We don’t know it at the time, but the theme with Mitsuri’s character is how she essentially compensates or is the opposite of what she may appear to look or act like on the surface, like how she has an incredibly flexible body and insane muscles despite looking frail, feminine, and weak.
This is where we’re introduced to her beginnings. While not as tragic, I would say, as the other Hashira’s beginnings, Mitsuri’s was definitely not all sunshine and rainbows. Having been rejected from her marriage for being too strong and eating too much, I mean, hey, to the person who rejected Mitsuri, you’re a coward.
But Mitsuri was known to all around her village as the Eightfold Woman, since her muscle density was eight times greater than the average person. Heartbroken and saddened by this rejection, Mitsuri felt the need to fit in with those around her by hiding her pink and green hair, not demonstrating her signs of strength, and not eating, even until her head began to spin.
The point of her joining the Demon Slayer Corps was for her to find a husband stronger than her so she wouldn’t get rejected in the same way again. In a way, however, I believe there’s also more that she’s searching for than just a husband. In kind of a nuanced way, it’s a husband that will make her feel cared for, feel admired, and most importantly, feel like herself.
Due to her sad past, Mitsuri doesn’t feel like she can love herself and is seeking validation from others. You might have the impression that this comes off as selfish or egotistical on her end, but in this case, I would have to challenge you on that. While she’s incredibly welcoming and warm to everyone that she meets, she, in a way, expects that back because I don’t think that it’s wrong to be valued for the genuine and true person that you are.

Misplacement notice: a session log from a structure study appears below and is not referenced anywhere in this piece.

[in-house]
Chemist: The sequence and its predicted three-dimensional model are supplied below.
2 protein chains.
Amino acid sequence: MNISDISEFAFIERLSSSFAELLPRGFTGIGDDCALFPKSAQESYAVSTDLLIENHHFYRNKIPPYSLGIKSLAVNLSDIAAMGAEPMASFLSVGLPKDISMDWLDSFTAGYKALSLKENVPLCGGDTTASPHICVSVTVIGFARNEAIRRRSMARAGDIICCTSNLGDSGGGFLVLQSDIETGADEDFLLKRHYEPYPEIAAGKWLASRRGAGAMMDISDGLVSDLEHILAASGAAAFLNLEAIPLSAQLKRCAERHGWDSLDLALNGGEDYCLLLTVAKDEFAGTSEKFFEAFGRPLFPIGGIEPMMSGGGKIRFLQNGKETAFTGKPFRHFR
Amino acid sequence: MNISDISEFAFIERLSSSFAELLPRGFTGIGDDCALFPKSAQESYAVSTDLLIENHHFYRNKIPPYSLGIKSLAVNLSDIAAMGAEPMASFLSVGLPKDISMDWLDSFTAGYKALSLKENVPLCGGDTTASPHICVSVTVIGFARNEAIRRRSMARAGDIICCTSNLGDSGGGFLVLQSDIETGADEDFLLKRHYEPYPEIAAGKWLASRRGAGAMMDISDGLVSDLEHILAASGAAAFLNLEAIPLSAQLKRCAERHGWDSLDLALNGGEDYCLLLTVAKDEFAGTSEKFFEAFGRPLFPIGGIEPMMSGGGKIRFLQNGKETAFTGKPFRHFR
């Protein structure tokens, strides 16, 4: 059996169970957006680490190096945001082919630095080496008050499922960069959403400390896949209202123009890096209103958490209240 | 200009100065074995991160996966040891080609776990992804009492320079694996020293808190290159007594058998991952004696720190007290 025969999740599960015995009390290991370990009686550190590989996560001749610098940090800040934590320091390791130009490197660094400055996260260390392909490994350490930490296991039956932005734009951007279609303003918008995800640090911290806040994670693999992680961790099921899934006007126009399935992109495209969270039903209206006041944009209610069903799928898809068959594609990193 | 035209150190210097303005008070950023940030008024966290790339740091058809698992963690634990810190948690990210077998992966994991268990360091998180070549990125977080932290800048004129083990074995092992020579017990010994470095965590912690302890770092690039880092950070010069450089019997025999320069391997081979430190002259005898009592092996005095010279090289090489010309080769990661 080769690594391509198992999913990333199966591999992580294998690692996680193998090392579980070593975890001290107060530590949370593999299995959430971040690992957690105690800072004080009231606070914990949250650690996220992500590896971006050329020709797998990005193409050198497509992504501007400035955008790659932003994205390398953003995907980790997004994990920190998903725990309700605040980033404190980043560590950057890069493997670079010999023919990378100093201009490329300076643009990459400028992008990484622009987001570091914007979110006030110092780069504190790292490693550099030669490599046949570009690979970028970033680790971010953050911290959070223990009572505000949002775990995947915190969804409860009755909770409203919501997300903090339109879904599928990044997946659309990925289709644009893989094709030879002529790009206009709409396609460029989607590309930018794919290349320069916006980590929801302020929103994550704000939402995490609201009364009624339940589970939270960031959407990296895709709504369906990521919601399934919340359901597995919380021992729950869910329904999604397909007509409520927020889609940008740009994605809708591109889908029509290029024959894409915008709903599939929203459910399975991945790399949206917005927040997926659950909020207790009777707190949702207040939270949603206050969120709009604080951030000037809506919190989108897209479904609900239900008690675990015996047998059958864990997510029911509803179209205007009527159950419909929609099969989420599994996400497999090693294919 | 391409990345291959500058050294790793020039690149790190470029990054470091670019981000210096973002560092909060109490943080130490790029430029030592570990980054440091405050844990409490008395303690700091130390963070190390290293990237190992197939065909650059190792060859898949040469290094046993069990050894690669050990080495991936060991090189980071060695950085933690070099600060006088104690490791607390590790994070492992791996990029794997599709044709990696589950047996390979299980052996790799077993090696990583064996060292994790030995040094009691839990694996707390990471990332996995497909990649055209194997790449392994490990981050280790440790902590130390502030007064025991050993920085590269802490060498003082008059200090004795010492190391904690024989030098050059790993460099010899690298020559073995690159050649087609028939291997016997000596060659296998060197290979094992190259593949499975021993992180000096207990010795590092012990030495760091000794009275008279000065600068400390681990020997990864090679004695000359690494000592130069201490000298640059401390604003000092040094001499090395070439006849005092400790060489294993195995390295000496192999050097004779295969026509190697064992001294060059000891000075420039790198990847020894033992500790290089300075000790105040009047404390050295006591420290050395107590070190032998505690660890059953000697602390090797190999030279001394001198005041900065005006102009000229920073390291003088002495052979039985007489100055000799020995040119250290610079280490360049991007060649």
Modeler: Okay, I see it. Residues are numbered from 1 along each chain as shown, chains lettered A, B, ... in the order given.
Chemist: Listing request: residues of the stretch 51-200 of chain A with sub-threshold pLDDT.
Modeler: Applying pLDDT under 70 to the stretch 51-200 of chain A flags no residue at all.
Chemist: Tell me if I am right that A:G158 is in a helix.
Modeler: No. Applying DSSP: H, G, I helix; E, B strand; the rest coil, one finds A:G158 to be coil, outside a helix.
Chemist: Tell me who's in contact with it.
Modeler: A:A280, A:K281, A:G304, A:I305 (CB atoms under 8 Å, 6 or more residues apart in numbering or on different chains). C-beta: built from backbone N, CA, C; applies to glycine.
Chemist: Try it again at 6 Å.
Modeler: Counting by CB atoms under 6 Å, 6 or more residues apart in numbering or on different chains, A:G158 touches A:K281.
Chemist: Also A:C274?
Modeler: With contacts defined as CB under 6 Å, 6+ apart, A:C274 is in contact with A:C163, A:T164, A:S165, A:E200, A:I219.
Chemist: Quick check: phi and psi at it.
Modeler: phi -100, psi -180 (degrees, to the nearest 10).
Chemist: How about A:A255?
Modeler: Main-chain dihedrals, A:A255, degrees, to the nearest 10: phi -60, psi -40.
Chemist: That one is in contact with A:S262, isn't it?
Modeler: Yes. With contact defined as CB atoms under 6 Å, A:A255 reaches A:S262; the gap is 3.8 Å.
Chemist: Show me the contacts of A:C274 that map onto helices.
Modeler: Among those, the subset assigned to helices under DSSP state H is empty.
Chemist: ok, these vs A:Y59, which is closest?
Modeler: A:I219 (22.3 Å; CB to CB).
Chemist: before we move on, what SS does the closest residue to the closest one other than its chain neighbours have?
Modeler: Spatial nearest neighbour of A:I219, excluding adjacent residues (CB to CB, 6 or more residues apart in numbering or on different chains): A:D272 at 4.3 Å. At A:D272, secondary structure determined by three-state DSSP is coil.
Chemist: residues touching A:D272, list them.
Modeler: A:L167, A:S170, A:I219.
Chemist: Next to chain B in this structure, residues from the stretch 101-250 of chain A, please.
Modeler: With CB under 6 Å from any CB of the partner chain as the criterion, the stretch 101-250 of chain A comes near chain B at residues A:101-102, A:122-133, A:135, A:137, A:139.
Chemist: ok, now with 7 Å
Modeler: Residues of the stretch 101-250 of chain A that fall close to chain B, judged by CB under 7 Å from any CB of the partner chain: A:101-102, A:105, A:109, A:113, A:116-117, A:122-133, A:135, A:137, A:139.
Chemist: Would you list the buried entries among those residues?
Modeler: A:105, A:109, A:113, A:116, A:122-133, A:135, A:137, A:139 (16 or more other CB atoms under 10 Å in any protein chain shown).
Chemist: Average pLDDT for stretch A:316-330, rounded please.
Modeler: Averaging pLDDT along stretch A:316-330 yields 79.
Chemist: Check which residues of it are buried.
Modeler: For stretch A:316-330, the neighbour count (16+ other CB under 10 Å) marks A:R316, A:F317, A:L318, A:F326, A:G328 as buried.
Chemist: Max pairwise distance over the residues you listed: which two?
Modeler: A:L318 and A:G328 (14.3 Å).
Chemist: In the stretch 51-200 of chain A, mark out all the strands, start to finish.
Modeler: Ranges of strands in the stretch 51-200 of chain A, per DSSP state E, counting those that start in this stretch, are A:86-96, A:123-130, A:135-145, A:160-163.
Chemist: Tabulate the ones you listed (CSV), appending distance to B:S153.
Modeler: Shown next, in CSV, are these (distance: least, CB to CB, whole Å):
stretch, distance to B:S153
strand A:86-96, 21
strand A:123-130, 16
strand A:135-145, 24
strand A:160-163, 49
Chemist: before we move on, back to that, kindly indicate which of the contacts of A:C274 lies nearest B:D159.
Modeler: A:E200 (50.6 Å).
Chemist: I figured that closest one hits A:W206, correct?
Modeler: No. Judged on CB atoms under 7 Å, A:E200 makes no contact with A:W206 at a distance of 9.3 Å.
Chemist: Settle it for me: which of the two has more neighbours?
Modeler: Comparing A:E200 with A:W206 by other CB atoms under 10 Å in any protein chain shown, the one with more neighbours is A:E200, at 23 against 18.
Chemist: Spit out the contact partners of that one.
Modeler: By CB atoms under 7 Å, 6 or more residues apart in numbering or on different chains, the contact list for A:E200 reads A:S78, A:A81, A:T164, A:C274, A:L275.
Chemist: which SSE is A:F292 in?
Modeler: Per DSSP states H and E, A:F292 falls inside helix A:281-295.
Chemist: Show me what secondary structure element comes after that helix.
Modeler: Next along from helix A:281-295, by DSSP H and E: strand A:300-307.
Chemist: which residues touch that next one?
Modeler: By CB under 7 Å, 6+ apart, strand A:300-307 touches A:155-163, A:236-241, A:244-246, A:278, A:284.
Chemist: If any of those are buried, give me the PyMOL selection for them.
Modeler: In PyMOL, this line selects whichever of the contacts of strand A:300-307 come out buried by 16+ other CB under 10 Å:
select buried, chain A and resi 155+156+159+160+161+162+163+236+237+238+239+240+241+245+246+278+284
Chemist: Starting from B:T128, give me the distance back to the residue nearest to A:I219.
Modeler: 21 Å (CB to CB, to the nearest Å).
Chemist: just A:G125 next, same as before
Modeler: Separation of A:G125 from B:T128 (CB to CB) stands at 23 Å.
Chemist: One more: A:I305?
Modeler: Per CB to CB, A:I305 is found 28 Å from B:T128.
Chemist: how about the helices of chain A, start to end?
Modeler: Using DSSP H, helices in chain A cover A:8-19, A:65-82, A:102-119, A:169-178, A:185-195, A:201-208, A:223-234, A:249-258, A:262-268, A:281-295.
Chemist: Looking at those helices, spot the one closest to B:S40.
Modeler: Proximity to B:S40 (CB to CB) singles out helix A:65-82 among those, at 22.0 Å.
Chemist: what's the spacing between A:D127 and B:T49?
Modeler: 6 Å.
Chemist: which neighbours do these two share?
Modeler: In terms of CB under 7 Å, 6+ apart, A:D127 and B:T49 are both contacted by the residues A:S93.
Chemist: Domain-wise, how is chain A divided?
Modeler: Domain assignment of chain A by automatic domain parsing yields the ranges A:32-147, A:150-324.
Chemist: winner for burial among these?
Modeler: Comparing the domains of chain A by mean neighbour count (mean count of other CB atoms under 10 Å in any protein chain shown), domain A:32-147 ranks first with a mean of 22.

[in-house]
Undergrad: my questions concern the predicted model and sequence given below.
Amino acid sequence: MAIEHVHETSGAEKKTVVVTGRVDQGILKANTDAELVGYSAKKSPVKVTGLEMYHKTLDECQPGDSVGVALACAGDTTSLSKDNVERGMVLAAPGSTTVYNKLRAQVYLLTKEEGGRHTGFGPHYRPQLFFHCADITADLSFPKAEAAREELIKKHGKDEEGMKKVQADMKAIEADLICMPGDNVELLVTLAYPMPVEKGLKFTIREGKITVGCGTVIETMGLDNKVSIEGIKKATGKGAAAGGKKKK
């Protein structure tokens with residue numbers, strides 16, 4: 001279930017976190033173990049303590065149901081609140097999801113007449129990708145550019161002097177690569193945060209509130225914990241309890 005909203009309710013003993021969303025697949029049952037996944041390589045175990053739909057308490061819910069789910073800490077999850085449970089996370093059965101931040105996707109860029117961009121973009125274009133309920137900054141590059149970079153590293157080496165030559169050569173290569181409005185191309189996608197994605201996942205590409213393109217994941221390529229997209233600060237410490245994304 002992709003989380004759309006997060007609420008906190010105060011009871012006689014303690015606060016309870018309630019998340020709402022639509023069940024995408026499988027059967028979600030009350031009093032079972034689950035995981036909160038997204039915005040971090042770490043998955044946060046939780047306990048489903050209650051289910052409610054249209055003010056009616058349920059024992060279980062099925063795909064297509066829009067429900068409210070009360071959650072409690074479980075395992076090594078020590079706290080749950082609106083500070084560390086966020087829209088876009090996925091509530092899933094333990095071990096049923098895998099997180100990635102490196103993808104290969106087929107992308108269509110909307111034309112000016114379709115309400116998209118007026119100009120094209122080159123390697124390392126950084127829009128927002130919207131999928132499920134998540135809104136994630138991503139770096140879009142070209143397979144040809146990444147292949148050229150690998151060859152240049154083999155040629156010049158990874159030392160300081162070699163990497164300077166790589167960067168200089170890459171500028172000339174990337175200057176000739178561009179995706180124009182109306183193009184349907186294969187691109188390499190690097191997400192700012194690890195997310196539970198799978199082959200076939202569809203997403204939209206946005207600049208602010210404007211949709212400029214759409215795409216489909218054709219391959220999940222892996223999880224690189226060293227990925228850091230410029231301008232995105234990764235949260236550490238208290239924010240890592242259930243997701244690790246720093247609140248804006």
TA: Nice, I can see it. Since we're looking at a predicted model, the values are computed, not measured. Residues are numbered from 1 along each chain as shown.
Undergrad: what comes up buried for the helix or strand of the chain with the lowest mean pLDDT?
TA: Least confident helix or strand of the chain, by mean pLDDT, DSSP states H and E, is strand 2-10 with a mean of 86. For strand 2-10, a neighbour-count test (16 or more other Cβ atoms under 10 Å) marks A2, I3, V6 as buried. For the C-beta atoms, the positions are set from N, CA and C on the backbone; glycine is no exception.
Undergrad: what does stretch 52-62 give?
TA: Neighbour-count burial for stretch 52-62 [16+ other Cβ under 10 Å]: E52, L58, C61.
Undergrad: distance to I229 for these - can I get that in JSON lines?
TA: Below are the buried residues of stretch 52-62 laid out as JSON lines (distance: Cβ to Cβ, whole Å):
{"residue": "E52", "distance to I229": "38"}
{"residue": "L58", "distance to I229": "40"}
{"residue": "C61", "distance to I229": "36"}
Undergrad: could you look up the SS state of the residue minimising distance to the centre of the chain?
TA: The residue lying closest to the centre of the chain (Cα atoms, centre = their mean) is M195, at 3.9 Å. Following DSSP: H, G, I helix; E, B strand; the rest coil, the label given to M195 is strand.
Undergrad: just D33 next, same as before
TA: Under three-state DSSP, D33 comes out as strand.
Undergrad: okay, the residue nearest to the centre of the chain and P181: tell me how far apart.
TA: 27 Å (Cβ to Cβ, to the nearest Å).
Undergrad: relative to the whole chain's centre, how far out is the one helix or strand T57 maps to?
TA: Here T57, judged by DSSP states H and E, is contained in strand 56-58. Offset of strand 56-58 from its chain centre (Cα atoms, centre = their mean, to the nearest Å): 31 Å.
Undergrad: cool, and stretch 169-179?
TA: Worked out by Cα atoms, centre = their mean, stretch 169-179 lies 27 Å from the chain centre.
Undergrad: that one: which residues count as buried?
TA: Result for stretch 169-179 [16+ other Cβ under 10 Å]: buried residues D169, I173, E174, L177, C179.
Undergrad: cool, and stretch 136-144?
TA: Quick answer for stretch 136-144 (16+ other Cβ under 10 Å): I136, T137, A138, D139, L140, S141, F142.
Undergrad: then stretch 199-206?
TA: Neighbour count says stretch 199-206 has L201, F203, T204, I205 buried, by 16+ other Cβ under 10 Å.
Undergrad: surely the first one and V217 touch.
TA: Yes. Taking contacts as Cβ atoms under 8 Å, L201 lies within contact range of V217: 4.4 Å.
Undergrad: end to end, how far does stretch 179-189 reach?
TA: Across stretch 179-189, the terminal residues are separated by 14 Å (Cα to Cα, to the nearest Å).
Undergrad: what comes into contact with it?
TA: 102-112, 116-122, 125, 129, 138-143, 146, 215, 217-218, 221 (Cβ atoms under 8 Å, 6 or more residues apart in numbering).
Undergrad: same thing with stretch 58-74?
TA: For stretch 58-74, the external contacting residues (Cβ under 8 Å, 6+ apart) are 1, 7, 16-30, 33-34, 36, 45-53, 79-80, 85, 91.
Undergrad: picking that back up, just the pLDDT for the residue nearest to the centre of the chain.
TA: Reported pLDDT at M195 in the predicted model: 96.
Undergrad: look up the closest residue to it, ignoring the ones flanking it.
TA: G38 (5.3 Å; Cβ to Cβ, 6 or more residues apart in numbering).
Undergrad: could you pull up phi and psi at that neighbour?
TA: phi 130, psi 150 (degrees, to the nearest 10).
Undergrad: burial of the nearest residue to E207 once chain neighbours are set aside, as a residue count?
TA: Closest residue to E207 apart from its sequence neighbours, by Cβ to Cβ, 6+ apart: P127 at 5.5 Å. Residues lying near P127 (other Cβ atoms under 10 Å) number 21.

I believe that Mitsuri joined the Demon Slayer Corps because, similar to the strongest Hashira, Gyome Himejima, it gives her an opportunity to use what others call gross and not natural as something that allows her to be accepted into a group and use her god-given abilities to their fullest potential.
A lot of the trauma that Mitsuri had gone through even shows in her character two years after her faithful rejection. During high stakes fights, she constantly tells herself that she’s useless and isn’t much help to the other Demon Slayers, despite that not being the case. No matter how loved and cared for Mitsuri feels or claims herself to be with the Slayer Corps, she’s always fighting against those feelings of rejection and not being enough.